A few years ago, I remember going out for lunch with my sister and the youngest of my brothers, who at the time was probably about 10 or 11 years old. Sam has always been quite chatty and inquisitive by nature and LOVES to ask relatively random hypothetical questions. We might be folding laundry together and he decides he must know whether you would prefer to be blind or deaf. We could be packing our bags to head out for one of his soccer practices when he asks if I think it’d be better to know how to fly or to be invisible. Once he and I drove 6 hours in the car to pick up another brother from college, promptly turning around and driving back home within 5 minutes of arriving. On the car ride there especially (I don’t think Caleb was at a particularly patient point in his life to be bothered with all this on the way home) Sam and I contemplated who we thought Mom and Dad’s favorite child might be, whether it was possible to be a professional athlete in more than one sport and still have a girlfriend, where we would most like to live in the entire world, and many other pressing topics, our conversation only broken up by car dance parties to Aqua’s “Barbie Girl.” I have mentioned before, I actually don’t really like “would you rather questions,” or others that are seemingly nonsensical, out of context or those that require me to make an arbitrary decision. I think I become frustrated because I take it all too literally or try to assess the actual probability of any such choices ever being presented outside this irritating instance. I always ask more questions and want a lot of details about the parameters of such. And that day at lunch, Sam presented his question du jour: “Would one food would you die without?”
Kyle thought it over and relatively quickly said hers choice would be pizza. Sam offered up pasta and/or chicken as his top contenders. And I asked what the question even meant. I, in my unintentionally killjoy, Idea Assassin style, said there is no food that I would die without, because I could simply eat something else. Sam, exasperated, insisted I knew what he meant and eventually we decided to rephrase the question as “what is your absolute favorite food.” That didn’t help me too much either and I insisted I could not decide on just one item and despite the fact I was clearly breaking the rules I went with a three-way tie between salmon, almonds, or avocados. The disgusted face that Sam made in response, told me clearly that not only had I not followed directions, but I also had not made a good decision in his opinion.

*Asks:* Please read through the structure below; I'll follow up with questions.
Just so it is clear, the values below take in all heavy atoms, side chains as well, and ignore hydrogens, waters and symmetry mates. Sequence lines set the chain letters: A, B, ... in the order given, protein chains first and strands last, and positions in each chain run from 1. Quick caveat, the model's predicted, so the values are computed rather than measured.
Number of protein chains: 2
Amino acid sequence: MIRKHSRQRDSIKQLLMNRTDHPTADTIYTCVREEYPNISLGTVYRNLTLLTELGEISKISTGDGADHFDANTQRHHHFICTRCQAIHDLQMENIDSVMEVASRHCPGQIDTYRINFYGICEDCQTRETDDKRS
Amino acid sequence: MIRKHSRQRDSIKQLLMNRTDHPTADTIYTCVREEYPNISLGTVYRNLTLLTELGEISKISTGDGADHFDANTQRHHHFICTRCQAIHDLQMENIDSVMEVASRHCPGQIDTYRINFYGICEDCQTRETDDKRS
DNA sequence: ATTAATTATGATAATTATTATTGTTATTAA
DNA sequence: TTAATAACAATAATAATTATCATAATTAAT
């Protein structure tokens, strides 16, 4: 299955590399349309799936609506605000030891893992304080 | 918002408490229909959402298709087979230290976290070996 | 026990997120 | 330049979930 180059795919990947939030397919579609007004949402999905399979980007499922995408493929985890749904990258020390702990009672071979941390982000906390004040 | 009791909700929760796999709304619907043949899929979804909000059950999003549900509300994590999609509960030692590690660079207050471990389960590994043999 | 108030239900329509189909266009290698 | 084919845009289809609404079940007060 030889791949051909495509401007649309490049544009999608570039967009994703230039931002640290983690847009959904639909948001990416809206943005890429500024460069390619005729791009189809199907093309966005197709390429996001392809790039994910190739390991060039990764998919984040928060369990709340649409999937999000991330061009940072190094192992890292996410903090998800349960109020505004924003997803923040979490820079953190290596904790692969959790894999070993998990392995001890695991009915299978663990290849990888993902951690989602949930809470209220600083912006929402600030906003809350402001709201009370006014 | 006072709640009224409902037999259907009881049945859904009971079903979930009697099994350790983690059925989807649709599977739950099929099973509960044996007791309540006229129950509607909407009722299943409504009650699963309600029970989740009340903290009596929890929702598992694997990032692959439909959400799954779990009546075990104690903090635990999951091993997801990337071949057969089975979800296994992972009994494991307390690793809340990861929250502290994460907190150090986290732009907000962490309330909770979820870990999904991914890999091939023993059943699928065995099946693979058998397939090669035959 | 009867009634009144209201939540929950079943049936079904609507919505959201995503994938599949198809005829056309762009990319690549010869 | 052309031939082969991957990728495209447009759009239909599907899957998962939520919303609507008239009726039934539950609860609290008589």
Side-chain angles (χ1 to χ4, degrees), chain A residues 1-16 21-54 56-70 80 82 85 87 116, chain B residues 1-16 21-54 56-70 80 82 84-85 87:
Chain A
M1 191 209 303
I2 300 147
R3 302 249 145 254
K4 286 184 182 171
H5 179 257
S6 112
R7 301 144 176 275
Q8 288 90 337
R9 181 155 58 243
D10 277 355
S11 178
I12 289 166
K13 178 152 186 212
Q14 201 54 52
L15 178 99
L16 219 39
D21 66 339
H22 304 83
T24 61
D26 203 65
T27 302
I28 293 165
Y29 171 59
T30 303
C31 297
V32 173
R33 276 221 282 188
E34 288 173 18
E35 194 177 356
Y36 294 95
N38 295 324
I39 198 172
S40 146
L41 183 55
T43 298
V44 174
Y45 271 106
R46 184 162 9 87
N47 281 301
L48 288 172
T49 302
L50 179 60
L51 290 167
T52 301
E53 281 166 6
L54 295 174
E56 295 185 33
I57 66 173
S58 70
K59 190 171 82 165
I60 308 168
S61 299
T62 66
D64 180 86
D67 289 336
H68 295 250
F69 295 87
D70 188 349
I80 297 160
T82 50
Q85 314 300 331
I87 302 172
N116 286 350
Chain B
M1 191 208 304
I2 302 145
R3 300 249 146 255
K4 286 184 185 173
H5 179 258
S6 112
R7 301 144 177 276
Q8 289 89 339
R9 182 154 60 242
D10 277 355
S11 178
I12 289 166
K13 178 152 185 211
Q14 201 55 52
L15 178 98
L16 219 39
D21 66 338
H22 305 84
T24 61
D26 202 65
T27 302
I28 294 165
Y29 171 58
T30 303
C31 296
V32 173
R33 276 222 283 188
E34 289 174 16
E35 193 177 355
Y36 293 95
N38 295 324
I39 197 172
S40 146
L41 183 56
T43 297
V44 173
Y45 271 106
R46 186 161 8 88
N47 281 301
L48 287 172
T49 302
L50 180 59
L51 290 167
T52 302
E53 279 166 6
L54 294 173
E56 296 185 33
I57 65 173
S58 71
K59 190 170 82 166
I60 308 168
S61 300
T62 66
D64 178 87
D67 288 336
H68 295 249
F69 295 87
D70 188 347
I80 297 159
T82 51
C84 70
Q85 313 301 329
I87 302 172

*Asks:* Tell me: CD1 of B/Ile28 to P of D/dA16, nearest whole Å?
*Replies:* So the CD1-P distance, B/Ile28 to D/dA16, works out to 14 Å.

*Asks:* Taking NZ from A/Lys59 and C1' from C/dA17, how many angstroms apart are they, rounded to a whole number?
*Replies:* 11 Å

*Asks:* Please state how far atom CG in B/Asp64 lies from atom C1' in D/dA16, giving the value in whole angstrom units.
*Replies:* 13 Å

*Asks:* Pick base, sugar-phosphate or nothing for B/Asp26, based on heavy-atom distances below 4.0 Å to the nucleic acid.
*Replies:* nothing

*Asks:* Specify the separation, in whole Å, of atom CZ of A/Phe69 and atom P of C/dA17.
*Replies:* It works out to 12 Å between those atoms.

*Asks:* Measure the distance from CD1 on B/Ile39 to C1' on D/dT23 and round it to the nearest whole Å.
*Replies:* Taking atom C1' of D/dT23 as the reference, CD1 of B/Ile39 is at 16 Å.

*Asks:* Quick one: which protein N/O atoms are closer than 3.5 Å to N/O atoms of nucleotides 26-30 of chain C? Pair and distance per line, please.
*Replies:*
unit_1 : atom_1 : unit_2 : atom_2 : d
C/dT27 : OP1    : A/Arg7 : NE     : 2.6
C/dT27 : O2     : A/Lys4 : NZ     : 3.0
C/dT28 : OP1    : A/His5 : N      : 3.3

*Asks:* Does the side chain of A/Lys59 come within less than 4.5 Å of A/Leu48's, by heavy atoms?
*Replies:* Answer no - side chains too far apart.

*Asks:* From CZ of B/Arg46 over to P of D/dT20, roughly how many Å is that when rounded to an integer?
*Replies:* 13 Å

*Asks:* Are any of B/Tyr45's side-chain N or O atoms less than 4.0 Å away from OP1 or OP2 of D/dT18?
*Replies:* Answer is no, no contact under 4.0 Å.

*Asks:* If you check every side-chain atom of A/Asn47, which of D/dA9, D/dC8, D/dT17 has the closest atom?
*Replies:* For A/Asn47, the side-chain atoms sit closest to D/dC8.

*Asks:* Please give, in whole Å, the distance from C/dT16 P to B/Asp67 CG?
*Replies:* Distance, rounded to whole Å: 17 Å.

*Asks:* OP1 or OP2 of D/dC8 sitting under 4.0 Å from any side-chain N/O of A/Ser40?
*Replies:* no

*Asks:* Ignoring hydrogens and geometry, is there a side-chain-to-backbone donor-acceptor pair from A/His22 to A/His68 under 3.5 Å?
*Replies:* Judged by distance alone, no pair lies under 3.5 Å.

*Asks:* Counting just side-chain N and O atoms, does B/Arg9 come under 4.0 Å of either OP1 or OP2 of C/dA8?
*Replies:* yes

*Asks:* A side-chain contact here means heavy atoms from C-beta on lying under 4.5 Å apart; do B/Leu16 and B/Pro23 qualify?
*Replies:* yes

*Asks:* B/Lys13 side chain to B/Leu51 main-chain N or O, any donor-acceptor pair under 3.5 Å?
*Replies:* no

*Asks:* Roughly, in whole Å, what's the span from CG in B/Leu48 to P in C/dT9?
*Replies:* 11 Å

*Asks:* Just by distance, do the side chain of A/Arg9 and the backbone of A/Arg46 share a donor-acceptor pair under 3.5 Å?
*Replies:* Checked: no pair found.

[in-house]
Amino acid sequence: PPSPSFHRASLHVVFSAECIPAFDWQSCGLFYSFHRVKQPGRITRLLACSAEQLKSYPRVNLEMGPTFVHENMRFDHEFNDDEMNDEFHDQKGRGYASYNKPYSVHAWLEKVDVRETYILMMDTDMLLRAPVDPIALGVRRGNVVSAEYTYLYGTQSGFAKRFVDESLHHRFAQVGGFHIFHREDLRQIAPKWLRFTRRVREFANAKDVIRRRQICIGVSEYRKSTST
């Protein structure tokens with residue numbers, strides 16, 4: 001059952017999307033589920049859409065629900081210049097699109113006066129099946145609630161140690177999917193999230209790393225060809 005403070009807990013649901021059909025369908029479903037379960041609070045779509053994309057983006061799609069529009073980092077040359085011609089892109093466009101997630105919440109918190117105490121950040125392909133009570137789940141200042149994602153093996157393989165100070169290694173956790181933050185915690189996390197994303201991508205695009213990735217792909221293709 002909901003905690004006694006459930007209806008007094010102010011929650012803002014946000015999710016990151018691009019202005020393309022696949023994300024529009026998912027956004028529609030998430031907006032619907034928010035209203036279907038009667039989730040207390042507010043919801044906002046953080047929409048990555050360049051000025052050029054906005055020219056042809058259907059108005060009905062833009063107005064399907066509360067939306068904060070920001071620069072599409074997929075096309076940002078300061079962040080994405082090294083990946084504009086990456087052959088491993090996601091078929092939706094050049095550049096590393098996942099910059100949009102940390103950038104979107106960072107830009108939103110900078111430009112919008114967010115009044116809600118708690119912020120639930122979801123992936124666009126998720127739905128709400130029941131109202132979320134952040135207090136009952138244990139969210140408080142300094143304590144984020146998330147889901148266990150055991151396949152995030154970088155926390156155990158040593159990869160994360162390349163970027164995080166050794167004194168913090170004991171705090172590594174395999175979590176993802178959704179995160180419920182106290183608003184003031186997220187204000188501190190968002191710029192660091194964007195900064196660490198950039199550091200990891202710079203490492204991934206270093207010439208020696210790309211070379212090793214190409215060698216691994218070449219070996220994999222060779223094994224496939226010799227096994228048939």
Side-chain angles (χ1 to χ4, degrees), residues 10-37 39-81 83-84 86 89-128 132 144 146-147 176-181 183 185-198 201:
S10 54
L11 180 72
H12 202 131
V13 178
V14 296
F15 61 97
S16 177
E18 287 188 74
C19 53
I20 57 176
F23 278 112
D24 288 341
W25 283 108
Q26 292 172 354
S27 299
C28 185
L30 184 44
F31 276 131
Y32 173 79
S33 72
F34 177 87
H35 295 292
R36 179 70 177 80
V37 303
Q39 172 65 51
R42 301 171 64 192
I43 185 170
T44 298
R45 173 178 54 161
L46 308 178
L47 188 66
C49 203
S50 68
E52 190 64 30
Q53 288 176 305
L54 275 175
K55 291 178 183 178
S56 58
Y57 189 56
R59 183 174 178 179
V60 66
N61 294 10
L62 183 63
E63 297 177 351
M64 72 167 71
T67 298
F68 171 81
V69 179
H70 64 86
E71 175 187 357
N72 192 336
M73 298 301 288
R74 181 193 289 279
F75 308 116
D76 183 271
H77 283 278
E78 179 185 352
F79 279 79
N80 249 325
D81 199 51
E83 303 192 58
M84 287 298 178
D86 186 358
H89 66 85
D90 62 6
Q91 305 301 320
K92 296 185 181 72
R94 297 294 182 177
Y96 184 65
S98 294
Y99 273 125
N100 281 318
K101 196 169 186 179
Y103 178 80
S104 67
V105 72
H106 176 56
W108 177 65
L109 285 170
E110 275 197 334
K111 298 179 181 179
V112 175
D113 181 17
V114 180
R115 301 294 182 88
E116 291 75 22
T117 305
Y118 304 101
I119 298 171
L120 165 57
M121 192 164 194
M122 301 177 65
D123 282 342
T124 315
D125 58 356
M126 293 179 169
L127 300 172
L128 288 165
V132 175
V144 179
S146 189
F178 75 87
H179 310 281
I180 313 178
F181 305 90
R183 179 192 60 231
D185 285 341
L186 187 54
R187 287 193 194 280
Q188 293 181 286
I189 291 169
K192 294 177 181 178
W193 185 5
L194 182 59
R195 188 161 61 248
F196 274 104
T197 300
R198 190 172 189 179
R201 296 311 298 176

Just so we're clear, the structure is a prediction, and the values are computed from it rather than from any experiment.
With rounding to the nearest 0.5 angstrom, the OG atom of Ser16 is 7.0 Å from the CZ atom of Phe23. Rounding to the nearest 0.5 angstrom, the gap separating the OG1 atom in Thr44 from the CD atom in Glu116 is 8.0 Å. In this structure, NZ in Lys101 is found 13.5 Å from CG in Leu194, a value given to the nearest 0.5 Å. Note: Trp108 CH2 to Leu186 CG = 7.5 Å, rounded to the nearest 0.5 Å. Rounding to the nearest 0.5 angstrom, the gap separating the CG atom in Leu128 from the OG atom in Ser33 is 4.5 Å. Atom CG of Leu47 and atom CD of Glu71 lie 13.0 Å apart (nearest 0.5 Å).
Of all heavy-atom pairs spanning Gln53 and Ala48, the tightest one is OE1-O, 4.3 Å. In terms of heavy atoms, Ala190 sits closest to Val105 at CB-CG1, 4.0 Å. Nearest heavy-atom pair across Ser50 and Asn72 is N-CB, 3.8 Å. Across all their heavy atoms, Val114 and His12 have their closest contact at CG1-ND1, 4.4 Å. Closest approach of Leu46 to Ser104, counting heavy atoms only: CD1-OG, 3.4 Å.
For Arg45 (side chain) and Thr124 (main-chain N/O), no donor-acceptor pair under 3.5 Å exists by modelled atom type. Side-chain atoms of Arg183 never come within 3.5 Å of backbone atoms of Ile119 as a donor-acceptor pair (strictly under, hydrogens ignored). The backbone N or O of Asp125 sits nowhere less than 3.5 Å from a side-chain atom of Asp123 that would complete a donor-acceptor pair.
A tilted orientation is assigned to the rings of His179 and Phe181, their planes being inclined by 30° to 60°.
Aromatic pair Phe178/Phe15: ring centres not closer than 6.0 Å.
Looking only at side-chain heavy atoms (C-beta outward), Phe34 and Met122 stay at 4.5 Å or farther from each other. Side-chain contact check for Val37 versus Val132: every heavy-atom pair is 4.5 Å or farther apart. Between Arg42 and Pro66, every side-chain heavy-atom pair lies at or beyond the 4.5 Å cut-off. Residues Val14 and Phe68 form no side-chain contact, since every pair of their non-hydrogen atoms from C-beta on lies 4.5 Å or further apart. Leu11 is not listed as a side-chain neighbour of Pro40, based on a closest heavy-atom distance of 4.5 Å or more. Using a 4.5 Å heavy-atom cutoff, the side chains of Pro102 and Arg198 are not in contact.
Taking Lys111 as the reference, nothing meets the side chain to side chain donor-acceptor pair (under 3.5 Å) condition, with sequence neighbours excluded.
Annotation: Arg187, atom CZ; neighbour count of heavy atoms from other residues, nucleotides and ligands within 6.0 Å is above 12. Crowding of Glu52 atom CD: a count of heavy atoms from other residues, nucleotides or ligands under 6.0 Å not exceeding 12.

Fast forward to last week Saturday. I am now married to someone very much like Sam in this aspect and was presented with very similar scenario. Over breakfast, Jon asked if I could only choose “one source of fat for the rest of my life, what would it be?” Naturally, I followed my usual process: 1. I began by rolling my eyes. Then 2. I asked a question: how specific an item were we talking about – was I deciding between olives and olive oil or between avocados and almonds? We decided that it could be an item of the higher order which would be broken down into its many different permutations provided that I could theoretically do that myself. And so step 3. I exceeded the quota by selecting avocados, coconut, and cashews all of which I absolutely love and are extremely versatile ingredients. Proteins or carbohydrate sources may not have been this challenging, but I LOVE fats (as evidenced even by my answer to Sam’s question five years ago). Jon of course said no, just one, and I reluctantly decided it had to be coconut (but in every form possible: raw, flaked, desiccated, oil, milk, butter, yogurt, flour, etc.) .
But the good news is that this question is indeed silly and I don’t have to choose just one fat source forever. Which means I will continue my almond butter addiction, my avocado-a-day mantra, and super savory dishes like this Paleo and Whole30 Spaghetti Puttanesca! Kalamata olives are high ranking in my list of fabulous fats and I love them paired with another Mediterranean flavor-filled ingredient – capers! This dish is true to the original in that it is packed with all the pungent aromas and taste, but doesn’t need any traditional pasta to make it delicious. I also added ground beef in mine to give an extra oomph and make the dish as satiating as it is satisfying. An easy weeknight dinner or lunch option which requires sufficiently low abstract and hypothetical thinking.
- Ground/Minced Beef 1 lb. (400 g)
- Olive Oil 1 TBSP
- Garlic Cloves, Minced 2 each
- Whole Peeled Tomatoes 14.5 oz can (400 g)
- Capers .25 cup (45 g)
- Pitted Kalamata Olives, Halved 1 cup (130 g)
- Fresh Parsley, Chopped 3 TBSP
- Crushed Red Pepper 1 TSP
- Salt and Pepper to Taste
- Zucchini/Courgette, Spiralized 2 each
- Heat a large skillet over medium high and crumble the ground/minced beef in it, browning it completely and then move to side plate.
- In the same pan add the olive oil and minced garlic, cooking for 1-2 minutes until it becomes aromatic.
- Then pour the tomatoes into the pan and use a wooden spoon to crush/break them apart.
- Add the remaining ingredients (capers, olives, parsley, and spices) and then allow to simmer for about 10 minutes.
- Add the beef back into the pan and cook for about 5 more minutes. A lot of the tomato liquid will evaporate.
- In the meantime, spiralize the zucchini/courgette and split between plates, topping with the contents of the pan.
- Dish up and dig in!